MPs have called for evidence on what progress has been made to tackle sexual exploitation in the aid sector amid concerns “serious problems” remained in this area.
The House of Commons International Development Committee last month began an inquiry examining progress made on rooting out sexual exploitation and the abuse of aid recipients since the 2018 scandal.
It is now asking for evidence from people working in the international development sector in areas such as if their organisation has taken steps to make abuse less likely to occur and to ensure aid recipients know their rights.
Sarah Champion, chair of the committee and the Labour MP for Rotherham, said the committee had heard there were still “serious problems” in this area and feared the abuse of aid recipients remained a problem.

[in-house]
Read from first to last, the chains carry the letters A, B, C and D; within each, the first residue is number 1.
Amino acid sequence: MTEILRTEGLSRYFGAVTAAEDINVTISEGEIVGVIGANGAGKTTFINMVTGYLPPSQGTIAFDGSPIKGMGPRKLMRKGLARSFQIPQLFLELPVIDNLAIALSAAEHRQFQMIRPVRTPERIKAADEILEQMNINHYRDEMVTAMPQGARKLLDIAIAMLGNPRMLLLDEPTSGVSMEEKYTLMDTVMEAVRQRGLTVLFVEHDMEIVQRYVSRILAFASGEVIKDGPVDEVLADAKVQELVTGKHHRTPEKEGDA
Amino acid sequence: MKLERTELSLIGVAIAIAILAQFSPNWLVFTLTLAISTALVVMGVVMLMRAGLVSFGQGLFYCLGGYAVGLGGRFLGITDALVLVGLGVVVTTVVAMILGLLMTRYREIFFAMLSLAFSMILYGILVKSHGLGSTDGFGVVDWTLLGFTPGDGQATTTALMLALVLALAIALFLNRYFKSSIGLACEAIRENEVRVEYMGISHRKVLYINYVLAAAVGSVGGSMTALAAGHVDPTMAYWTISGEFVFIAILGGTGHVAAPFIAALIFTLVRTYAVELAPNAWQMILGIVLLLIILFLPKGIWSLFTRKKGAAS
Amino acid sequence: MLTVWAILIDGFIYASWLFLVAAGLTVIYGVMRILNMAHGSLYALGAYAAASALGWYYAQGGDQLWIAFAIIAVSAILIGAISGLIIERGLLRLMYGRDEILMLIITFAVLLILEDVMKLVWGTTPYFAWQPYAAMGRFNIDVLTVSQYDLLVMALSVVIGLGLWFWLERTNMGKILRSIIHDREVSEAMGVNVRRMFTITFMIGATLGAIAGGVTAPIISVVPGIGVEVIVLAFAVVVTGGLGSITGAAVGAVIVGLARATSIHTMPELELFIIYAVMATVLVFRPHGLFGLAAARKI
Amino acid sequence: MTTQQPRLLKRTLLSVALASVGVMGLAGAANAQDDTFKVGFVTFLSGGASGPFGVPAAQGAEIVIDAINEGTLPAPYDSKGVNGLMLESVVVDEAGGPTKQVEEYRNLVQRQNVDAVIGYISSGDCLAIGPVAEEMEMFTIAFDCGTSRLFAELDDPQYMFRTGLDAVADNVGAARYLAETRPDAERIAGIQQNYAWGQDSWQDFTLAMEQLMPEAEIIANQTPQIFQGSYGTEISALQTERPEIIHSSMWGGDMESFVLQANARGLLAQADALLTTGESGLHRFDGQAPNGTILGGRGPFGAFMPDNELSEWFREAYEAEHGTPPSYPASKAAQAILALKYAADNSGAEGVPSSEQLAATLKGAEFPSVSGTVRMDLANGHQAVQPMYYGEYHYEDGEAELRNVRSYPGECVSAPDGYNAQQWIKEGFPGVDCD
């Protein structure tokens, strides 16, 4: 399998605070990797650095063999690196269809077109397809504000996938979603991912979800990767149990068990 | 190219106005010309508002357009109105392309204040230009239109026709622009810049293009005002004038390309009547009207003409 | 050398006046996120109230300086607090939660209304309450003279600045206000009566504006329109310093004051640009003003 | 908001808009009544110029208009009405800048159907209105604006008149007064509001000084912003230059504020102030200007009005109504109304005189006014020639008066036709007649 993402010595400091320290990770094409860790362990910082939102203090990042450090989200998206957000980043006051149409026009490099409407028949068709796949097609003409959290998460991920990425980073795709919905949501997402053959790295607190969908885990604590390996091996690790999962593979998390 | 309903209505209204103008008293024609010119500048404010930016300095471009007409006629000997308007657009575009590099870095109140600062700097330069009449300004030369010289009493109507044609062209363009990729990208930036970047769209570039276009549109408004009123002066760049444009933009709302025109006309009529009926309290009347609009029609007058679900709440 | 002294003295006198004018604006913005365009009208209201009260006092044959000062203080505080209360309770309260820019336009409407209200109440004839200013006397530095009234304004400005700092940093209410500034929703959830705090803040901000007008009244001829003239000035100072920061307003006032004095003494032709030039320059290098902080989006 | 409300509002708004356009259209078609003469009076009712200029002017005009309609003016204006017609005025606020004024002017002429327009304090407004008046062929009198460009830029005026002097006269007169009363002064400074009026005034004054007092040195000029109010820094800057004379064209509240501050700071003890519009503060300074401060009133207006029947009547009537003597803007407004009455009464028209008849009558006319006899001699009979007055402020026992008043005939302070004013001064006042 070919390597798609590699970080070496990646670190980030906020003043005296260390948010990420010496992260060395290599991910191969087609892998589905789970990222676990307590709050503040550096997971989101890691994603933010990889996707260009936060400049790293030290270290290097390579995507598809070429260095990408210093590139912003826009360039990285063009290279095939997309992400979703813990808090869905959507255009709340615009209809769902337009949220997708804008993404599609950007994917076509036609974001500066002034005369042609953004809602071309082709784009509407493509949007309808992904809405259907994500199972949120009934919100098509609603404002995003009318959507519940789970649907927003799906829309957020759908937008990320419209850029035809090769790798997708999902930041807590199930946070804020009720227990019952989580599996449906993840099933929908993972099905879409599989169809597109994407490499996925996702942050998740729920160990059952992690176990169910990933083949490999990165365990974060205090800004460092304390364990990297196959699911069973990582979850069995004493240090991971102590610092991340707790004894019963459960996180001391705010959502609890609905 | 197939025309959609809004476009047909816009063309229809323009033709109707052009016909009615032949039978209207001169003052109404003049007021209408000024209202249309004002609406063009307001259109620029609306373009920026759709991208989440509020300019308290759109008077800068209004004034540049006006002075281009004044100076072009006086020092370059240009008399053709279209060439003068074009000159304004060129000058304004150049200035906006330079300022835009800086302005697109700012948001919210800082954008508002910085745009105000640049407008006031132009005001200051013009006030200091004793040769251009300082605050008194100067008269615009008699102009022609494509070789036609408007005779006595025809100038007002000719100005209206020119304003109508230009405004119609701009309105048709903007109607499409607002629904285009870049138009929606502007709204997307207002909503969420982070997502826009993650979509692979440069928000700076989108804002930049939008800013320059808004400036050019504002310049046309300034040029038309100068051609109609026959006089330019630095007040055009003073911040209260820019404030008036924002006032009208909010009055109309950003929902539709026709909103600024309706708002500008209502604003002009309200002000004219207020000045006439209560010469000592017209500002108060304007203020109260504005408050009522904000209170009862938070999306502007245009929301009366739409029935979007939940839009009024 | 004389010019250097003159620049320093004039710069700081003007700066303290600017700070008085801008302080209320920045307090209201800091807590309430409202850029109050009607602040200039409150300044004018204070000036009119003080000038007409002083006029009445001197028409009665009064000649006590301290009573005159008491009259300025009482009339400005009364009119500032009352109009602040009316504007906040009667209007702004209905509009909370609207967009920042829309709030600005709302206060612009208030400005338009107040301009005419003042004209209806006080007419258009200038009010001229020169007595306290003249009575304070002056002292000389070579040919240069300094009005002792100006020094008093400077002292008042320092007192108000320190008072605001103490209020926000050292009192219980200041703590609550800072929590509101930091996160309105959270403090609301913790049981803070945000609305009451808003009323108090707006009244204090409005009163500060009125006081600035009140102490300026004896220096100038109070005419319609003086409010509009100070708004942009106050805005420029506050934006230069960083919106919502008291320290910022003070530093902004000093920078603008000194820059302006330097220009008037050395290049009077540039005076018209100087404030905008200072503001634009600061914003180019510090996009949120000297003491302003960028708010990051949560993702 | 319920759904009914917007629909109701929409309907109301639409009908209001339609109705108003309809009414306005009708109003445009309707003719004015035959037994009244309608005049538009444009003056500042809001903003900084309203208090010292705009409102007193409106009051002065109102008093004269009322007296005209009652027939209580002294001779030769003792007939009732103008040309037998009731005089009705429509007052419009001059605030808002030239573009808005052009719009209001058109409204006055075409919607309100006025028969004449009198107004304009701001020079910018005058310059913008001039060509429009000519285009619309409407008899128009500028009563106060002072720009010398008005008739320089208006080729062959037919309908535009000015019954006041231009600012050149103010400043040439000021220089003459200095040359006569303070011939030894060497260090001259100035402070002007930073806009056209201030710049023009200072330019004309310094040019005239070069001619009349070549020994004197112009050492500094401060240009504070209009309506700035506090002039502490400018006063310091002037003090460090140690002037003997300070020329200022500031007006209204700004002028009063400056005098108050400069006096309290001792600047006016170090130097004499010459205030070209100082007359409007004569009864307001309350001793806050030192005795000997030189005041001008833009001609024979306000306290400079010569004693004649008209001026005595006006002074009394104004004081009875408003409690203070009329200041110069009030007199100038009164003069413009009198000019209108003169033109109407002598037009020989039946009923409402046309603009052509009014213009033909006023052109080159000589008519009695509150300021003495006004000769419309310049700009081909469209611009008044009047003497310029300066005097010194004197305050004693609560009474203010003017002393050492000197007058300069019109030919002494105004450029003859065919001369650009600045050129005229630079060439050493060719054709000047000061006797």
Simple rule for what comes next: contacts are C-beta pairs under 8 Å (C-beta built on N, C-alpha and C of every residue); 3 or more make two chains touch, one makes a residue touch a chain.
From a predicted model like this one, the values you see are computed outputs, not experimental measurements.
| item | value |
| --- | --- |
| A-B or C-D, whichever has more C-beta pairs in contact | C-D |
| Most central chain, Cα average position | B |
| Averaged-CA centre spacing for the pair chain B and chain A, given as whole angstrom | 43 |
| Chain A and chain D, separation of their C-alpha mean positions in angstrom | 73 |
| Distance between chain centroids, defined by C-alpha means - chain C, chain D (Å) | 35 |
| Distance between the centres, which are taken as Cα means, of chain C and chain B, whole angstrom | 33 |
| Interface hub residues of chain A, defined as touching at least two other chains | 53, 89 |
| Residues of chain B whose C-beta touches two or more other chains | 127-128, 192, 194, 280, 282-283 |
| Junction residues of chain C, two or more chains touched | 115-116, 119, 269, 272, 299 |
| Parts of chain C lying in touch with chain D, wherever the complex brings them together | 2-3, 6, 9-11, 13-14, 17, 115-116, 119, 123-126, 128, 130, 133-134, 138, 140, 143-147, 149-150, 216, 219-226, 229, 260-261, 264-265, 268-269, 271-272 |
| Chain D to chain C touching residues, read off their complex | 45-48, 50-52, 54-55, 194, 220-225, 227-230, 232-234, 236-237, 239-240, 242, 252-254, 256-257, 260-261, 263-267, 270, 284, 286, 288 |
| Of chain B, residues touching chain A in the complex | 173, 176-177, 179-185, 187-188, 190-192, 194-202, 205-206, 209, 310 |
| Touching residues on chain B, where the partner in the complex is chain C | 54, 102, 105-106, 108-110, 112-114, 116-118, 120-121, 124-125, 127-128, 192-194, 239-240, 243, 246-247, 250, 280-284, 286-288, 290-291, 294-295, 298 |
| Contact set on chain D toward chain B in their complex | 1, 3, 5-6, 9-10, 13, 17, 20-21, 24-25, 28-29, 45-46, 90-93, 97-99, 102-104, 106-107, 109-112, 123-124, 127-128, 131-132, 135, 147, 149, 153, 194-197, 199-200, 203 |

“We launched this inquiry because in spite of promises of good intentions from the sector, it is not obvious that tangible new steps have been taken to protect aid recipients,” she said.
“It is unclear whether there have been any improvements for those who try to pursue a complaint, or who have been left unprotected in the past.
“This survey is asking the difficult questions to those with experience of the aid sector. We are asking for feedback on what the UK government, and the sector as a whole, has achieved to date to tackle this problem.”
The survey, which can be found here, closes at 5pm on 14 September.
People can respond anonymously.